European leaders turn against Syriza’s appeals to alter Greek debt payments

After Greece’s newly-elected Syriza government repudiated its campaign pledge to write off Greek debt, European officials pressed Greek Prime Minister Alexis Tsipras to continue imposing unpopular austerity measures in order to repay Greece’s creditors.

When Tsipras visited Paris yesterday for talks and a joint press conference at the Elysée presidential palace, President François Hollande insisted that Greece submit to European Union (EU) demands. “Dialog between Greece and its European partners must go forward so as to reach agreement,” he said, adding that Athens should “respect European rules which apply to all, France included, and engagements that were taken on debts that are of importance to governments.”

This was a signal that Paris, which holds €42 billion of Greek debt as part of the European bailout mechanism, opposes a write-off of Greece’s €320 billion debts.

French officials made clear prior to Tsipras’s visit that Paris fully supports the basic thrust of the policies imposed in Greece by the EU, led by Berlin. “There is no point in playing euro zone countries against each other, and especially not France and Germany,” French Finance Minister Michel Sapin said Monday. “A solution that helps Greece while making sure it meets its commitments will have to go through an agreement between France and Germany.”

For his part, Tsipras hailed the Socialist Party (PS) government of Hollande, whose austerity measures have made him France’s most unpopular president since World War II. “We are not a threat for Europe,” Tsipras declared at the joint press conference with Hollande. He called on France to be a “protagonist for a change of policy in Europe.”

Since it won elections on January 25, Syriza has sought to reach an accommodation with European banks for a modification of the terms of repayment for the debt that the country owes. The party, which speaks for a section of the Greek bourgeoisie and rests on broader layers of the upper middle class, has repeatedly insisted that it accepts the entire framework of the EU and is determined to pay back Greece’s debt in some form.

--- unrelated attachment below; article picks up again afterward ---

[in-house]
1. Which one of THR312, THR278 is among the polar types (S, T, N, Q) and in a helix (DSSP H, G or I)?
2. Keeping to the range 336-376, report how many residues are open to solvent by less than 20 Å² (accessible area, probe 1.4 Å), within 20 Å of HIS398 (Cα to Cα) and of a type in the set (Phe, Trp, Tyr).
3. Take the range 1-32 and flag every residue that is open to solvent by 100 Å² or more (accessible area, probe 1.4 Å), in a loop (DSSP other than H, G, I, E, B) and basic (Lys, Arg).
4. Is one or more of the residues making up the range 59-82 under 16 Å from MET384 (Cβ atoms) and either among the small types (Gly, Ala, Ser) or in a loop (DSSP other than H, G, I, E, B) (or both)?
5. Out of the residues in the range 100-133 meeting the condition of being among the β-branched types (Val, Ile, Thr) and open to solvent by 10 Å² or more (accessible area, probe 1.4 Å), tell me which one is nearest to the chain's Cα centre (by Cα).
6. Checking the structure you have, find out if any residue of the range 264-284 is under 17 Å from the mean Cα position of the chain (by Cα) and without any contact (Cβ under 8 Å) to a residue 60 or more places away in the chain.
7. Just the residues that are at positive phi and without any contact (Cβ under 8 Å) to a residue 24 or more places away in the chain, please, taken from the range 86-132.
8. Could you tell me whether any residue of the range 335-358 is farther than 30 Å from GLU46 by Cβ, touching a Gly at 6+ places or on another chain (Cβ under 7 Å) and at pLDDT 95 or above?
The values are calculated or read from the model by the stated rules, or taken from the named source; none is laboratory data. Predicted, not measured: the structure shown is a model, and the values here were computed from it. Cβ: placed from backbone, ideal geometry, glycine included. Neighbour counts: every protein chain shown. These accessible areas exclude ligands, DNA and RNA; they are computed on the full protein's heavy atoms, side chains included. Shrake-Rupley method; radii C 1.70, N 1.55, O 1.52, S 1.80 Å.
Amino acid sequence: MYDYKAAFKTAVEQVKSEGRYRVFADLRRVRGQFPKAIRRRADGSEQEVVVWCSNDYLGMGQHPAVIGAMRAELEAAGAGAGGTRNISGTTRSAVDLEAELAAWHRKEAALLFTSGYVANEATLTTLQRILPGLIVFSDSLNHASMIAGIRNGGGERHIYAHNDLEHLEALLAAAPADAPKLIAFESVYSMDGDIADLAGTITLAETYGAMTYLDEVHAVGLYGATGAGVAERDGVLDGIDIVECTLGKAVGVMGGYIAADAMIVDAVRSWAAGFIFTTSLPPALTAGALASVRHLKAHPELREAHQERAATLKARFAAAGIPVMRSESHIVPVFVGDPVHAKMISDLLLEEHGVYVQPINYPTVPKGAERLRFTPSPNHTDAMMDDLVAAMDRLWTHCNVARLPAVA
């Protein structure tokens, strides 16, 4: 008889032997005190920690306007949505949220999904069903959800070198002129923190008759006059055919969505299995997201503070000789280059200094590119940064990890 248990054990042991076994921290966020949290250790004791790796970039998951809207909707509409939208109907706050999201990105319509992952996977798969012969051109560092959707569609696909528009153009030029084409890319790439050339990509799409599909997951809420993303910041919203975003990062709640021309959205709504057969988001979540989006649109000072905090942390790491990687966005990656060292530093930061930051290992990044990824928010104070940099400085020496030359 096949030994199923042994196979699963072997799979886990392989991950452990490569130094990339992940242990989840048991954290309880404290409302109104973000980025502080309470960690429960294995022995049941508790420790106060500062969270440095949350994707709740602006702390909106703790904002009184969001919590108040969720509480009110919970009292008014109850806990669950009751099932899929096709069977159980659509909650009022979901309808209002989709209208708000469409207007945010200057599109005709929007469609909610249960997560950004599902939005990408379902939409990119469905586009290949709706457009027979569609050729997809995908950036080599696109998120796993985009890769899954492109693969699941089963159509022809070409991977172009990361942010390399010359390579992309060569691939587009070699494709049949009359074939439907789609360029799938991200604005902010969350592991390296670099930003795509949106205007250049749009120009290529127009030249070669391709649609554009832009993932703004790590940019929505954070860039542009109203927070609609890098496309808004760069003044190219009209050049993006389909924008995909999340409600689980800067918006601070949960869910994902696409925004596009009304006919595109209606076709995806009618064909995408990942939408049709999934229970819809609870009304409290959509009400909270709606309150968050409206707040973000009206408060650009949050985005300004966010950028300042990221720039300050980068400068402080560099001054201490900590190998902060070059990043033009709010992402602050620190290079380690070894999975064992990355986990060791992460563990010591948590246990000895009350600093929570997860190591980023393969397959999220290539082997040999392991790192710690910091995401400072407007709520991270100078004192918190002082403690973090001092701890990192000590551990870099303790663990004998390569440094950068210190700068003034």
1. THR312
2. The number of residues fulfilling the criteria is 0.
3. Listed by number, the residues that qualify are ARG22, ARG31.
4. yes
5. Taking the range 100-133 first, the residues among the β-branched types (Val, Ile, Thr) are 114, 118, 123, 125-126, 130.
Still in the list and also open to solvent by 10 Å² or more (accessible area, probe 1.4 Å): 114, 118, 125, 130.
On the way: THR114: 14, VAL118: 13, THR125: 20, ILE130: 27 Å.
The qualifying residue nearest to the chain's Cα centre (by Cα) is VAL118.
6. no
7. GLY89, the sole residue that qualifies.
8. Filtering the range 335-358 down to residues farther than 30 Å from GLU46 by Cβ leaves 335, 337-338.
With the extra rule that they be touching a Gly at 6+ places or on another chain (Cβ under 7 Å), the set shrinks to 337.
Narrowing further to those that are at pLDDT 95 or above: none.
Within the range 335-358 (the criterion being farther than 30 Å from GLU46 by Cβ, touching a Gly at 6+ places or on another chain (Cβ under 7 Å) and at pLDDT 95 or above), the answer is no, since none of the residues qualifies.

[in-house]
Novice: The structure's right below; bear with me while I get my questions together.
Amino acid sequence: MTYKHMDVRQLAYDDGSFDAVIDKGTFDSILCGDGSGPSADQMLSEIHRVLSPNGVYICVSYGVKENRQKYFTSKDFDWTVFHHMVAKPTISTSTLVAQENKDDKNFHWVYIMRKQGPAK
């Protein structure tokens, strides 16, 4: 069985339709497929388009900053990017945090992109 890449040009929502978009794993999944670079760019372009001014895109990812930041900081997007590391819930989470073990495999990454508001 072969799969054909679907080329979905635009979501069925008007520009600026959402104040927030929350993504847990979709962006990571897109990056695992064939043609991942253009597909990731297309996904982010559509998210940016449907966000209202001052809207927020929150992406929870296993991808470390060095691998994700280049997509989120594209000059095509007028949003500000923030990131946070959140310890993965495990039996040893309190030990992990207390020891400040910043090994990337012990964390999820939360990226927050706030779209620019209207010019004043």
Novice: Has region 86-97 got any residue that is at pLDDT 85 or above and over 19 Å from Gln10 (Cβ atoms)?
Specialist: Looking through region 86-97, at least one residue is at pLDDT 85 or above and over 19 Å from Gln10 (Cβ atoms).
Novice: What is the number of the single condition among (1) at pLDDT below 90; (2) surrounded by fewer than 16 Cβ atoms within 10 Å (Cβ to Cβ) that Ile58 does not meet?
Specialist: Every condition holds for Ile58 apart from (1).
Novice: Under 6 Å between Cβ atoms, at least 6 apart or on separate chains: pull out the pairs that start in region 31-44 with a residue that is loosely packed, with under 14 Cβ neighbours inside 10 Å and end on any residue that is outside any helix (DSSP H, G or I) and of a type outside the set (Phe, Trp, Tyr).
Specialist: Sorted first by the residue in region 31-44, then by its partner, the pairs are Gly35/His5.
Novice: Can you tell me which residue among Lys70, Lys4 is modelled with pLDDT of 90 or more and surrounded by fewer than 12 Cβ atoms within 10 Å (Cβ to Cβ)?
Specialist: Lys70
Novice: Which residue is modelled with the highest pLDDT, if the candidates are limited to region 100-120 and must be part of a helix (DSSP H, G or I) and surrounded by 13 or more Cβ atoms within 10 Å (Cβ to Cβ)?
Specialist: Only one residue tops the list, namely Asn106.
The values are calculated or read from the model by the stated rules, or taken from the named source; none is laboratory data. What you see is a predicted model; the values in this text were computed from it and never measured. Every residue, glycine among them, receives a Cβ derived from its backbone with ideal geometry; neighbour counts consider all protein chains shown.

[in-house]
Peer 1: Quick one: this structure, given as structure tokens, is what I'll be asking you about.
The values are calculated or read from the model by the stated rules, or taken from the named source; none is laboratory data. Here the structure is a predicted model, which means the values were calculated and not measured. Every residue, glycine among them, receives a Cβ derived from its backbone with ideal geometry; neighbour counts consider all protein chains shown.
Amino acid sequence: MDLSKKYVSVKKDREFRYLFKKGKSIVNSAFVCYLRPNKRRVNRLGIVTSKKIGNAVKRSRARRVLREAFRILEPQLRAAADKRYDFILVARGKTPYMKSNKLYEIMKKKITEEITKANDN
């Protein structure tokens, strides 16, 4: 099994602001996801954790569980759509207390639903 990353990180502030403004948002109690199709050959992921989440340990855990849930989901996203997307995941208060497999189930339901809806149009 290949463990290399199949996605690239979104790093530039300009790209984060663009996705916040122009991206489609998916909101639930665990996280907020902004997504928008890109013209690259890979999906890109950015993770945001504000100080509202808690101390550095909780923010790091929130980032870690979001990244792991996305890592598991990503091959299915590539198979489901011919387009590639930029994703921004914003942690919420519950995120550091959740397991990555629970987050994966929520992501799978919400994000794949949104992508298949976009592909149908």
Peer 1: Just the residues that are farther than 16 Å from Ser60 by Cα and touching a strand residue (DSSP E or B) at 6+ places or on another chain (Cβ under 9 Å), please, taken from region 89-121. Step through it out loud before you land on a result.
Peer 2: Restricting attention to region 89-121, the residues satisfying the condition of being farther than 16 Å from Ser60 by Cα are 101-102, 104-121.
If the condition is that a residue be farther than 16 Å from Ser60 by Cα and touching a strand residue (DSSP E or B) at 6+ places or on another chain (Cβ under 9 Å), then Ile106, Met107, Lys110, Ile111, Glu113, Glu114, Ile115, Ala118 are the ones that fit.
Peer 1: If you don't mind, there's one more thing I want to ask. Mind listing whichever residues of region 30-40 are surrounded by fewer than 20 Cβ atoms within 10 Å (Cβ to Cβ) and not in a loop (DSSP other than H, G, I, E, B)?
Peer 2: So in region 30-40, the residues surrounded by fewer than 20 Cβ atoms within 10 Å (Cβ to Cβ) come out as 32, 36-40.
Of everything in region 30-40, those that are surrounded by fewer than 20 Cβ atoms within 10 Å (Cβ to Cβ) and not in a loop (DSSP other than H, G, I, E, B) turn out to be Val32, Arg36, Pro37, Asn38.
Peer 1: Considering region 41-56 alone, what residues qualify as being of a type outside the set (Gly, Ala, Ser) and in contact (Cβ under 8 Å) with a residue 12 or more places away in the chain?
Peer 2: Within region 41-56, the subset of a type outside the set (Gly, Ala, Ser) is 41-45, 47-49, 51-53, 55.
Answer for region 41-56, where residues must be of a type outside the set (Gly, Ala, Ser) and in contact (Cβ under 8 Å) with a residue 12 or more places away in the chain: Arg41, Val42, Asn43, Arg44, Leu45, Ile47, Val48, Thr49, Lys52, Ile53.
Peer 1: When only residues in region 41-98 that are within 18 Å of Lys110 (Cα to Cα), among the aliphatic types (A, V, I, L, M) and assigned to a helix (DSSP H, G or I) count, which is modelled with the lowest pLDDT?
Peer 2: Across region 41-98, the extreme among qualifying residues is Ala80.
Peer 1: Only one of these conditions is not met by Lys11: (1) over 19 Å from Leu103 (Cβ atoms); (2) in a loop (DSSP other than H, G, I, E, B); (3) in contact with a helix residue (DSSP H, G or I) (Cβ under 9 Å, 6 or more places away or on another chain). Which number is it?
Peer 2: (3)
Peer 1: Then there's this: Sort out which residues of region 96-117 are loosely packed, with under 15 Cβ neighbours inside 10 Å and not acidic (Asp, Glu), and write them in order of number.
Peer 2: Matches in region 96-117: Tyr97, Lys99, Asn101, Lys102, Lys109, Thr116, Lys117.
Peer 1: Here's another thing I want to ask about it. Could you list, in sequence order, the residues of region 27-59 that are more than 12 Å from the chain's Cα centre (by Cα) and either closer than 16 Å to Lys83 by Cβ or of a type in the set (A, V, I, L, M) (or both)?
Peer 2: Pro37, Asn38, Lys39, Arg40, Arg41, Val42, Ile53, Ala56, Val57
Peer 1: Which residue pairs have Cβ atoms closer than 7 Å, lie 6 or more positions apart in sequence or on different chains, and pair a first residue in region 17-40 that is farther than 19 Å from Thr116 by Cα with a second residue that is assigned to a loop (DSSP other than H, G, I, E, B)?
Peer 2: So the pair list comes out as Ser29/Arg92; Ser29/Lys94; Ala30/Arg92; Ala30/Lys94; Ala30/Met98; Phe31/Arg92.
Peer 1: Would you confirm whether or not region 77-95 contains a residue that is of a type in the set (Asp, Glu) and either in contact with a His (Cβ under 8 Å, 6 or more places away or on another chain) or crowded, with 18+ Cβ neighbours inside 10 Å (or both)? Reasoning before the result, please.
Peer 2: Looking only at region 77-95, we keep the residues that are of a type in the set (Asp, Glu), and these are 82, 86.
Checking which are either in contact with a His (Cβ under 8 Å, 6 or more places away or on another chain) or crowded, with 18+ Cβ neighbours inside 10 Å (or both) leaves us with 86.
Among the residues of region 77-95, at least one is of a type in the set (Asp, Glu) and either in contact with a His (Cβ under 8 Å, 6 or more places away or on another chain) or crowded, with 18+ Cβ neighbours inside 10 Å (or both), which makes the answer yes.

In particular, Syriza has rejected any appeal to the mass opposition to EU austerity among workers in Greece, France and across Europe. Its appeal is entirely directed to the European banks and their political representatives.

These appeals, however, are falling on deaf ears. The EU views with contempt the opposition to austerity among the Greek people that underlay the vote for Syriza. Yesterday, a German government memo leaked to Reuters prior to a “euro group” meeting of EU finance ministers, made clear Berlin will not tolerate the slightest improvement in workers’ living standards. Instead, it demanded that Syriza impose rapid new cuts to jobs and social spending, of the sort that have bled Greece white over the last six years.

“The euro group needs a clear and front-loaded commitment by Greece to ensure full implementation of key reform measures necessary to keep the program on track,” the memo stated. “The aim is the perpetuation of the agreed reform agenda (no rollback of measures), covering major areas as the revenue administration, taxation, public financial management, privatization, public administration, health care, pensions, social welfare, education, and the fight against corruption.”